The customizable home page is the first in a series of products stemming from a new Google initiative dubbed "Fusion." Marissa Meyer, Google's director of consumer Web products, said that Fusion aims to satisfy consumer demand for integration of all of Google's various services into one interface.
"We know there are users who want to see all the Google functionalities working together pulling content from the Web all in one place," Meyer said during the 5.5-hour Webcast. "Our goal here is to give users tools to customize their own information--and you'll notice this dovetails very nicely with Google's mission to organize the world's information and to make it universally accessible and useful."
The product, Meyer said, was hurried to launch 40 days early so it could be unveiled at Thursday's presentation--to which Google had invited press and industry players. Google's personalized home page incorporates Google News and Gmail, as well as news feeds from the BBC, The New York Times, Wired, and Slashdot. Users can also search for movie times, weather, stock prices, and driving directions from the home page.
Each of the different functions are contained in drag-and-drop modules, which can be rearranged around the page, deleted, or added. "The nice thing about the personalized home page is that it gives you control to add as much or as little as you like," Meyer said.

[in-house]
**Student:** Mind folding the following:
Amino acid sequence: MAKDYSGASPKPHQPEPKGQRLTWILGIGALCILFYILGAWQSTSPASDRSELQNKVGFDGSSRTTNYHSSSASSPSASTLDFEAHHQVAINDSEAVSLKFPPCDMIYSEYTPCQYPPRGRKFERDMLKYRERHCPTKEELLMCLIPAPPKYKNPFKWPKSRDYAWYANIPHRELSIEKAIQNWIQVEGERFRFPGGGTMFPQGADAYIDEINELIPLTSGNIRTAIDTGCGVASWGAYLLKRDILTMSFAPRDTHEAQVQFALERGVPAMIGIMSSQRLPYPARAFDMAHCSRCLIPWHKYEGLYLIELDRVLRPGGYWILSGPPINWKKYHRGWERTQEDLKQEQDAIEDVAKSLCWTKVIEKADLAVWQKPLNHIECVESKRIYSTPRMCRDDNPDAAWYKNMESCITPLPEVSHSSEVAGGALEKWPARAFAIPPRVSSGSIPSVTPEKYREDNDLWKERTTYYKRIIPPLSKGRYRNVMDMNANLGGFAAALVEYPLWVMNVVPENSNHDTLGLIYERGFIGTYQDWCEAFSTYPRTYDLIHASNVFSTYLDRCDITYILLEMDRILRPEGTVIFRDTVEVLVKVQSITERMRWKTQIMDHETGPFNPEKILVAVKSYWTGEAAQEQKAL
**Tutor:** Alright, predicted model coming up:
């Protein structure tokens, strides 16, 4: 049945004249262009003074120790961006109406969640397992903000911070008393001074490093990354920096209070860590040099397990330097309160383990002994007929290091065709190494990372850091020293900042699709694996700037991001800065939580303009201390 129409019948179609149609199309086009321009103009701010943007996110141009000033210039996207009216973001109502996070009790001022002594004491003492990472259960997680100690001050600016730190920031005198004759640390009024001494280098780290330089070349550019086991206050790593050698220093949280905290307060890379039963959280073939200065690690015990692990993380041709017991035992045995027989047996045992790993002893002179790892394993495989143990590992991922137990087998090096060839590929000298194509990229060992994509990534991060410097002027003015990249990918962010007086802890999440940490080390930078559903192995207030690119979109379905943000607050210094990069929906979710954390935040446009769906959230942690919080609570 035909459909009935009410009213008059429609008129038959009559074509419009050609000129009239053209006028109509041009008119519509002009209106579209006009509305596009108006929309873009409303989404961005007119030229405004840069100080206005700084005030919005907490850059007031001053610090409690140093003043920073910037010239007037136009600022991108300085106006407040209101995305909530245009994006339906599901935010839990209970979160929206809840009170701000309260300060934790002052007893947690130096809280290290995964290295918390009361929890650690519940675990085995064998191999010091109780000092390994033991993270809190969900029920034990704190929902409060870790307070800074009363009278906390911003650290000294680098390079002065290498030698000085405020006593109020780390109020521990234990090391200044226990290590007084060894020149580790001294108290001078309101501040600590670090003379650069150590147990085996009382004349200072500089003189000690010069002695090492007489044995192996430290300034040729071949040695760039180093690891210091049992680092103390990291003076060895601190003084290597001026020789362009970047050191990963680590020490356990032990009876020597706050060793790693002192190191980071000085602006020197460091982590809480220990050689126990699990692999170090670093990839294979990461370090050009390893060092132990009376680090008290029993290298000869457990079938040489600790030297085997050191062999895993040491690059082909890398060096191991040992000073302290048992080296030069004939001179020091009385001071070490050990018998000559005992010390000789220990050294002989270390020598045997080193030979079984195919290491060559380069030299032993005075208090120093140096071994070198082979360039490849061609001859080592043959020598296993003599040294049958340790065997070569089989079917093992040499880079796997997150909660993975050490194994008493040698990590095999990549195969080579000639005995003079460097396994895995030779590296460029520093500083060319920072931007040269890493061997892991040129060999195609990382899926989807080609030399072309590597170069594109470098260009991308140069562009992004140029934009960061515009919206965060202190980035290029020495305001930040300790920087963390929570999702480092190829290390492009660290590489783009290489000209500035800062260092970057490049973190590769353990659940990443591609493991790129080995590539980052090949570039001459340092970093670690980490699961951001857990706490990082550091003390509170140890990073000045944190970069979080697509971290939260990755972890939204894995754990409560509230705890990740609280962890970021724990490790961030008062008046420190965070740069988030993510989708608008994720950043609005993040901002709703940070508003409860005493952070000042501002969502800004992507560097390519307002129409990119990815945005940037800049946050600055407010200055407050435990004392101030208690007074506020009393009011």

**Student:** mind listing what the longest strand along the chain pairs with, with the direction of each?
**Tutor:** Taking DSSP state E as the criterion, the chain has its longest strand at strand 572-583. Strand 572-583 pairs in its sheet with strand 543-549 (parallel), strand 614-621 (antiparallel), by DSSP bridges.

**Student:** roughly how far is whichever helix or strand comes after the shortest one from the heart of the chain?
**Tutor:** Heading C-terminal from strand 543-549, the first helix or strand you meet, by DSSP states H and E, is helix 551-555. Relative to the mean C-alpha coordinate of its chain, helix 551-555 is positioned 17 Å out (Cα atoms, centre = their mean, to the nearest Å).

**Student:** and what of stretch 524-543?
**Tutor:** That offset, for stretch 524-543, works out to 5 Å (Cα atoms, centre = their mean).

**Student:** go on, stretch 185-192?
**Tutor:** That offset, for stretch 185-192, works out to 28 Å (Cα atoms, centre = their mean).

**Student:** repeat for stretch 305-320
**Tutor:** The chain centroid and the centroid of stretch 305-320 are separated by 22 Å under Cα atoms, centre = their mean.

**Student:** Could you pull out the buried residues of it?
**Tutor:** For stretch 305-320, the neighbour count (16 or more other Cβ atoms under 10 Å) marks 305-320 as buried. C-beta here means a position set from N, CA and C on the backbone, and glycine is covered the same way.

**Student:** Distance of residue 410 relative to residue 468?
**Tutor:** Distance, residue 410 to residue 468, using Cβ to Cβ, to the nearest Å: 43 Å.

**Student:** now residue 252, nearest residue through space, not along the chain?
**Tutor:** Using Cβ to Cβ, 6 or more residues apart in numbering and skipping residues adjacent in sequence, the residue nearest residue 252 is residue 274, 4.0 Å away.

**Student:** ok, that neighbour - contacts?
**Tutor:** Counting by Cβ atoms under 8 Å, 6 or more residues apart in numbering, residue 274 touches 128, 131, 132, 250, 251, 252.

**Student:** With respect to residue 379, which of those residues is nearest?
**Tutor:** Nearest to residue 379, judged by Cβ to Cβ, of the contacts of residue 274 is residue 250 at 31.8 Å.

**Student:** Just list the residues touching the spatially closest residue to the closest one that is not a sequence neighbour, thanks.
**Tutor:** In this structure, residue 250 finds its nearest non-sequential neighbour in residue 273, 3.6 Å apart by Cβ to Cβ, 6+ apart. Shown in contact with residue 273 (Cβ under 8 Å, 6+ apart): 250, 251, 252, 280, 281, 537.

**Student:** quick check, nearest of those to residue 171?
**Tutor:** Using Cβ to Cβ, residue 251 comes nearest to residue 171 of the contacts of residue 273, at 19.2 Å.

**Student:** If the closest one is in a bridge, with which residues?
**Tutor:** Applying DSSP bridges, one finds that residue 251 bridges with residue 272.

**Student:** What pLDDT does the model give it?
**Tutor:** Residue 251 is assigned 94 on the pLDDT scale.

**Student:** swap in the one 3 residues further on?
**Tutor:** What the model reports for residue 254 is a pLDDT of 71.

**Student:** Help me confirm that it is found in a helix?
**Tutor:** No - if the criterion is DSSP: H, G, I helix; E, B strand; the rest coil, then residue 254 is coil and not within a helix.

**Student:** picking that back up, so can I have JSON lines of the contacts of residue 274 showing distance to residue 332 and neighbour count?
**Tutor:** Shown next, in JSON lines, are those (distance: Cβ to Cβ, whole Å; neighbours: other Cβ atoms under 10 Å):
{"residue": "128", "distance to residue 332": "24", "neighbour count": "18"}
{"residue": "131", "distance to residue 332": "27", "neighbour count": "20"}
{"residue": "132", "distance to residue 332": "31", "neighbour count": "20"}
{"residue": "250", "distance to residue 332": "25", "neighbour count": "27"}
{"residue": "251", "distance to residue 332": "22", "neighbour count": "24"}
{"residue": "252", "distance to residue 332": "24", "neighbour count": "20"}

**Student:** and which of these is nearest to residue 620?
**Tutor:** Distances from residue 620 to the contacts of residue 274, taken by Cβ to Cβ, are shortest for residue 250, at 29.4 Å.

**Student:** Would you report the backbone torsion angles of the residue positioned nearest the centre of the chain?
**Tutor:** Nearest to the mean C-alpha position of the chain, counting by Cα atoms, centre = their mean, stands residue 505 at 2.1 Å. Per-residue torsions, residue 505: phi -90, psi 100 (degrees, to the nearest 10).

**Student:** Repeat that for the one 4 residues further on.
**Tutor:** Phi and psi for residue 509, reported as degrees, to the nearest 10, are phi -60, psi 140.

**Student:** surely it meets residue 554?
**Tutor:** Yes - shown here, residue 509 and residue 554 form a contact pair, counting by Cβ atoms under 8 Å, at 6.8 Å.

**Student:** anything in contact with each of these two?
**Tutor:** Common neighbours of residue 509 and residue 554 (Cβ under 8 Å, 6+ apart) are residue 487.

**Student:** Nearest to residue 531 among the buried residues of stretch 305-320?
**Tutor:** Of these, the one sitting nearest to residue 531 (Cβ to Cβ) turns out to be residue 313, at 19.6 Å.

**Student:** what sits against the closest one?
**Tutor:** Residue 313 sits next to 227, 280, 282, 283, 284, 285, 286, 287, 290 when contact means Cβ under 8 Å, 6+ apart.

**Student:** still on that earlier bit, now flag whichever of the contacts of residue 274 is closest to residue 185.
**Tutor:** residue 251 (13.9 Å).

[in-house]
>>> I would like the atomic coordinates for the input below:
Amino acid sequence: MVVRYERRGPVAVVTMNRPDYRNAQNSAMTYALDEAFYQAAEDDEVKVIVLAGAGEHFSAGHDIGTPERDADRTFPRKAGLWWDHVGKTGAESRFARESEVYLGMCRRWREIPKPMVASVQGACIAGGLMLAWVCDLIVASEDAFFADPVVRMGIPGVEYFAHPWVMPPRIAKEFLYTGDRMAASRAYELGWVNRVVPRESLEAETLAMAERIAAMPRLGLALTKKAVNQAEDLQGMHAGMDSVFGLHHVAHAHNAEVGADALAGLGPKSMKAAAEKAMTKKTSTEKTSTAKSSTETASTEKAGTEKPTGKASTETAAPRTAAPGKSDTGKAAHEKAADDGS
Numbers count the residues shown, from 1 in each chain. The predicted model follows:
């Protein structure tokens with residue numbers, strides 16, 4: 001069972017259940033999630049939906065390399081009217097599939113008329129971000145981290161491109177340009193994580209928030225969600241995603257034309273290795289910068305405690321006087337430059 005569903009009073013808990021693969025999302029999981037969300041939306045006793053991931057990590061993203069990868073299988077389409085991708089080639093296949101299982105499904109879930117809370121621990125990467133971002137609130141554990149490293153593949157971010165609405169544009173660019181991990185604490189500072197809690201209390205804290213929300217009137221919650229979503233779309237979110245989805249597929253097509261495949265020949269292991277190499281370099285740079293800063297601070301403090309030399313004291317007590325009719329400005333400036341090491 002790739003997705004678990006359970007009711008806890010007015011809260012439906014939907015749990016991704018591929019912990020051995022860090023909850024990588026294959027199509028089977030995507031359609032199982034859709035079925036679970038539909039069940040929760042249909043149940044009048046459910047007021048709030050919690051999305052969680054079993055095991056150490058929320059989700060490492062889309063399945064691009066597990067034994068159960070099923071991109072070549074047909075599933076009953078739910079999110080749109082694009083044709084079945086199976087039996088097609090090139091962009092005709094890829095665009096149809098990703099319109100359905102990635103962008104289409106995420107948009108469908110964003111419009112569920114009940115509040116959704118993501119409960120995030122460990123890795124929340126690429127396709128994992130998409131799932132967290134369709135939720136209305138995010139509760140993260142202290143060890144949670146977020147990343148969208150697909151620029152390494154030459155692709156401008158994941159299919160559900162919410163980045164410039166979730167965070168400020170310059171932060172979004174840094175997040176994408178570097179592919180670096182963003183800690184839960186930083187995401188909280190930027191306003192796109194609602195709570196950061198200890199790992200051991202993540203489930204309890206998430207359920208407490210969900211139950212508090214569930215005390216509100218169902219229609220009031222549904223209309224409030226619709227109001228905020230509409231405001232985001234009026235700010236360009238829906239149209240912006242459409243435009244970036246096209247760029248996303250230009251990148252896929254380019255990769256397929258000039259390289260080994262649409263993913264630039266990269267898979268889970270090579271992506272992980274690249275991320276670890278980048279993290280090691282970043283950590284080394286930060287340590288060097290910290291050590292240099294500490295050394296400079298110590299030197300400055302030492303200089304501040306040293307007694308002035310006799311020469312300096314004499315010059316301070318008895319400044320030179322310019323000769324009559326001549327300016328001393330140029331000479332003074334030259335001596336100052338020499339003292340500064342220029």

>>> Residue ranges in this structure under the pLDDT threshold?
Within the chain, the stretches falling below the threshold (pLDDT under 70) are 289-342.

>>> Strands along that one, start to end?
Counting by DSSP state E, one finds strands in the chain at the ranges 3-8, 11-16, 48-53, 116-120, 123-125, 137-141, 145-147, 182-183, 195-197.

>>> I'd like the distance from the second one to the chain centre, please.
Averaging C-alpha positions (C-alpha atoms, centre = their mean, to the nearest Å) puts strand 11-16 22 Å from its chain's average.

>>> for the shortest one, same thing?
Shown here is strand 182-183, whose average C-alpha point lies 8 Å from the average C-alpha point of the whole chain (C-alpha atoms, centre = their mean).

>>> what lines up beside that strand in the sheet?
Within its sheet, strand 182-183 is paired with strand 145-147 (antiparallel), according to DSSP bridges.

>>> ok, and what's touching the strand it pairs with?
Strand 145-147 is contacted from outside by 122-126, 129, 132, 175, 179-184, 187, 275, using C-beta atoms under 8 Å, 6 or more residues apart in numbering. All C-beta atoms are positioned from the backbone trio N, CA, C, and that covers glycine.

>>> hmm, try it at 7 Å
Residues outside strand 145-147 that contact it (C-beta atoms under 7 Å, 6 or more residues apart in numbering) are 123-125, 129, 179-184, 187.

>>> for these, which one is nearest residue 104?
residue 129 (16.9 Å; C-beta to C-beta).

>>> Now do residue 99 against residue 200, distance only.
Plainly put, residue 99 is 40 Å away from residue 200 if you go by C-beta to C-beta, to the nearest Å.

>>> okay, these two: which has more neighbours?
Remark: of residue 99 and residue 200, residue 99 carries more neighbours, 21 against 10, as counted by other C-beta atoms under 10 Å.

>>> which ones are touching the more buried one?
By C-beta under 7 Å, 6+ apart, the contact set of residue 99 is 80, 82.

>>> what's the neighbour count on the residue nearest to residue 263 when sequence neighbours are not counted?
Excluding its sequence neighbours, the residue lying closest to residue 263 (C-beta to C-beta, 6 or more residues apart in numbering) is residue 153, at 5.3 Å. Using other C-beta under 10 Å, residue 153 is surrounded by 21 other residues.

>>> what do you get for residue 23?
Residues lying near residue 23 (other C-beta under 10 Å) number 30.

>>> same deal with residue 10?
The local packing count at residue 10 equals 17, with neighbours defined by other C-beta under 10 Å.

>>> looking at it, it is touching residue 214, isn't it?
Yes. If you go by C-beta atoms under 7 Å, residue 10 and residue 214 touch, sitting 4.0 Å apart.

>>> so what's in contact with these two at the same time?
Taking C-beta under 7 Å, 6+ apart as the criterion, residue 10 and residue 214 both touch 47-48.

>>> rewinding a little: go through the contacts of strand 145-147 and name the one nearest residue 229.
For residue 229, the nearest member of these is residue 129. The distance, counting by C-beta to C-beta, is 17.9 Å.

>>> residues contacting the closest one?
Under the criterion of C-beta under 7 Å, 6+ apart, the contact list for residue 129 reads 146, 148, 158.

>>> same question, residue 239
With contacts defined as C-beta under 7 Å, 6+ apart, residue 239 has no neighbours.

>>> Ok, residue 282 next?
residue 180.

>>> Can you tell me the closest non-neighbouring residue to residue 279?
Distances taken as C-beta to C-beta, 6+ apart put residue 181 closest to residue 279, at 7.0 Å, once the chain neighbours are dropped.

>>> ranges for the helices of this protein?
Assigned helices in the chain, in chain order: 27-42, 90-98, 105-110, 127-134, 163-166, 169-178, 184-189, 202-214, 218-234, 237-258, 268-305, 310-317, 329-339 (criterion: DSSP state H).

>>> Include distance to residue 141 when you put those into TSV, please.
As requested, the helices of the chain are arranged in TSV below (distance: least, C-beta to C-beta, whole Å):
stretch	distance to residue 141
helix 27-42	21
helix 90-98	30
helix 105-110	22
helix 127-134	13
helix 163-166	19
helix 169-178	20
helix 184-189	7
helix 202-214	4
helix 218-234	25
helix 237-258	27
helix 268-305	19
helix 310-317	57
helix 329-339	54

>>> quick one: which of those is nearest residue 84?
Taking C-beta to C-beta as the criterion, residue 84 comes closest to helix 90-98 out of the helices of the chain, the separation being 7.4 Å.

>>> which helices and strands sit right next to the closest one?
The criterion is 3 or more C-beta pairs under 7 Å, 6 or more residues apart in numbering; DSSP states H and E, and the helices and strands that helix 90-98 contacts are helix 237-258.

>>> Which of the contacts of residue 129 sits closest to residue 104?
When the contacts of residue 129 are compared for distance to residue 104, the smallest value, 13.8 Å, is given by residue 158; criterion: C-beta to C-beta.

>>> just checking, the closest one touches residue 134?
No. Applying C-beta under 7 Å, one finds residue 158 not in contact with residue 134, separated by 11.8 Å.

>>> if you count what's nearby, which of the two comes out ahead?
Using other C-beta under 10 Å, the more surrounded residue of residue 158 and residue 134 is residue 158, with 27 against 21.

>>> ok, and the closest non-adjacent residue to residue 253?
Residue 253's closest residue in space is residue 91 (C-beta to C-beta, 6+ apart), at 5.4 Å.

Several updates are also planned for the offering, including incorporation of an RSS aggregator within the next one to two months.
comScore Senior Analyst Graham Mudd said that personalized home pages can be a good way for Web portals to build engaged user bases. comScore numbers show 23 percent--over 26 million unique visitors--of all Yahoo! users visiting My Yahoo!, Yahoo!'s customizable home page feature.
Also unveiled during the Factory Tour was Google Earth, the new version of Keyhole, acquired by the search giant in October. The product allows users to access a multi-terabyte database of information, including a high-resolution terrain map of the entire globe. Google local search is integrated into the product, allowing users to search for businesses and get bird's-eye views of their results.
The tour also included glimpses of Google features to come. Google researcher Franz Och previewed Google's developing translation algorithm, which used a massive collection of translated documents from the U.N. and other sources to compile a set of translating conventions. Och highlighted the algorithm by placing its translations side by side with Google's old translator, which produced muddled results. The newer algorithm apparently produced readable translations.
"For the system, we used what we call a language model, which was trained on 200 billion words of English text," Och said. "It's a very large amount of data we exploit here to get these qualities of translations."
Och had an ambitious plan for his team's translation algorithm: "It will usher in an era where everybody has access to all the world's information," he said.